Since appellant seeks summary reversal he has the burden of demonstrating that the merits of his claim so clearly warrant relief as to justify expedited action.[7] The record before this court is not sufficiently complete for us to make a decision on the merits at this time. While appellant has submitted the factual affidavit required by D.C.App.R. 9(c)(2), we do not have before us the findings of the trial court and the reasons for detention required by D.C.Code 1973, § 16-2312(d) and D.C.App.R. 9(a)(2). The trial court may indeed have relied on other factors, in addition to the nature of the pending charges, in ordering detention, and the task of articulating those reasons should pose no burden. Of course, reasons phrased in statutory language which are ultimate conclusions are insufficient. The underlying rationale must also be expressed. After the trial judge (who has had a much closer relationship to appellant than we) has presented us with his findings, we will be better situated to render a fair view of the merits of appellant's motion.[8]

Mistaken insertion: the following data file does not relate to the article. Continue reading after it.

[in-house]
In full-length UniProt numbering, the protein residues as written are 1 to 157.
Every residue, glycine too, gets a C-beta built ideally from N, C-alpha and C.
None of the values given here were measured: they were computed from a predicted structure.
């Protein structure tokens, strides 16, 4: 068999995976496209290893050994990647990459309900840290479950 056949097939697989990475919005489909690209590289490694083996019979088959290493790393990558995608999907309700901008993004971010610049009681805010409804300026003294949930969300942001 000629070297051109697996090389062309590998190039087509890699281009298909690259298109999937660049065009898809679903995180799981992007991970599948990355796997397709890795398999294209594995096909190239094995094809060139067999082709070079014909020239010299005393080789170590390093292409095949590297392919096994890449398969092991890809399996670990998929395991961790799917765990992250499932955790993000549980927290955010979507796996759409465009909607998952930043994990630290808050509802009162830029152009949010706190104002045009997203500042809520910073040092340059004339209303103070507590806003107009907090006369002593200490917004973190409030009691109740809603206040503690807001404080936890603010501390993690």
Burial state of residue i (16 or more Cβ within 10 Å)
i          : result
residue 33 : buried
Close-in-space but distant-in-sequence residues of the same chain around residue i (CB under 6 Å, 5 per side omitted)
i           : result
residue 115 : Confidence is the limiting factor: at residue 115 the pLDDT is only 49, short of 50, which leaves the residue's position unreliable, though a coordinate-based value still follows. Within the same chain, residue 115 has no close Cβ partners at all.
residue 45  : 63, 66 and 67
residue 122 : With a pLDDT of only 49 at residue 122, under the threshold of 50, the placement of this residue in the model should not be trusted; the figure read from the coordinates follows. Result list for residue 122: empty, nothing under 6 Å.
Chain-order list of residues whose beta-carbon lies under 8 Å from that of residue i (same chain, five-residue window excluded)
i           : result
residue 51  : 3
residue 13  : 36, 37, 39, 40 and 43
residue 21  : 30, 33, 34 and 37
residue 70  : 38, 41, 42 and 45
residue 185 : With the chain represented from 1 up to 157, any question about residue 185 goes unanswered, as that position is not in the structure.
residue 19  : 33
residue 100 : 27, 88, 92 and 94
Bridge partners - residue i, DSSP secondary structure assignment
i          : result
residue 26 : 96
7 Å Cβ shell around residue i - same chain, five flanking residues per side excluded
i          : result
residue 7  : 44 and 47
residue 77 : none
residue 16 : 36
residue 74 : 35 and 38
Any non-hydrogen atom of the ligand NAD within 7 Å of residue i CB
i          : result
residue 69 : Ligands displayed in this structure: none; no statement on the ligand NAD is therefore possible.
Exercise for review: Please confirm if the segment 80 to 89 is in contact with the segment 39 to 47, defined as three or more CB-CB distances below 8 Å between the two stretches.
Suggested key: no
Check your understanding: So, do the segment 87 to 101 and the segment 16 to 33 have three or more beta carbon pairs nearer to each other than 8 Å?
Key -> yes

Accordingly, we hold the motion in abeyance and remand the record to the Superior Court with directions that Judge Nunzio, who entered the original detention order, shall promptly file a statement of reasons pursuant to D.C.Code 1973, § 16-2312(d) and D.C.App.R. 9(a)(2). This remand is without prejudice to vacating the detention order, if on reconsideration such is deemed proper.

So ordered.

NOTES

[*] Associate Judge Kern did not participate in this decision.

[1] D.C.Code 1973, § 22-2801.

[2] D.C.Code 1973, § 22-504.

[3] Pursuant to D.C.Code 1973, § 16-2327(b) the District of Columbia Court of Appeals shall: (1) hear argument on an appeal on or before the third day (excluding Sundays) after filing of notice under subsection (a); (2) dispense with any requirement of written briefs; and (3) render its decision on or before the next day following argument. The court may also dispense with the issuance of a written opinion.

[4] Authority for jurisdiction over final orders and judgments of the Superior Court is provided in D.C.Code 1973, § 11-721(a) (1).

[5] D.C.Code 1973, § 16-2310(a)(1).

[6] D.C.Code 1973, § 16-2312(d)(1)(A).

[7] Ashe v. Robinson, 146 U.S.App.D.C. 220, 450 F.2d 681 (1971); United States v. Allen, 133 U.S.App.D.C. 84, 408 F.2d 1287 (1969).

[8] Cf. Weaver v. United States, 131 U.S.App. D.C. 388, 405 F.2d 353 (1968).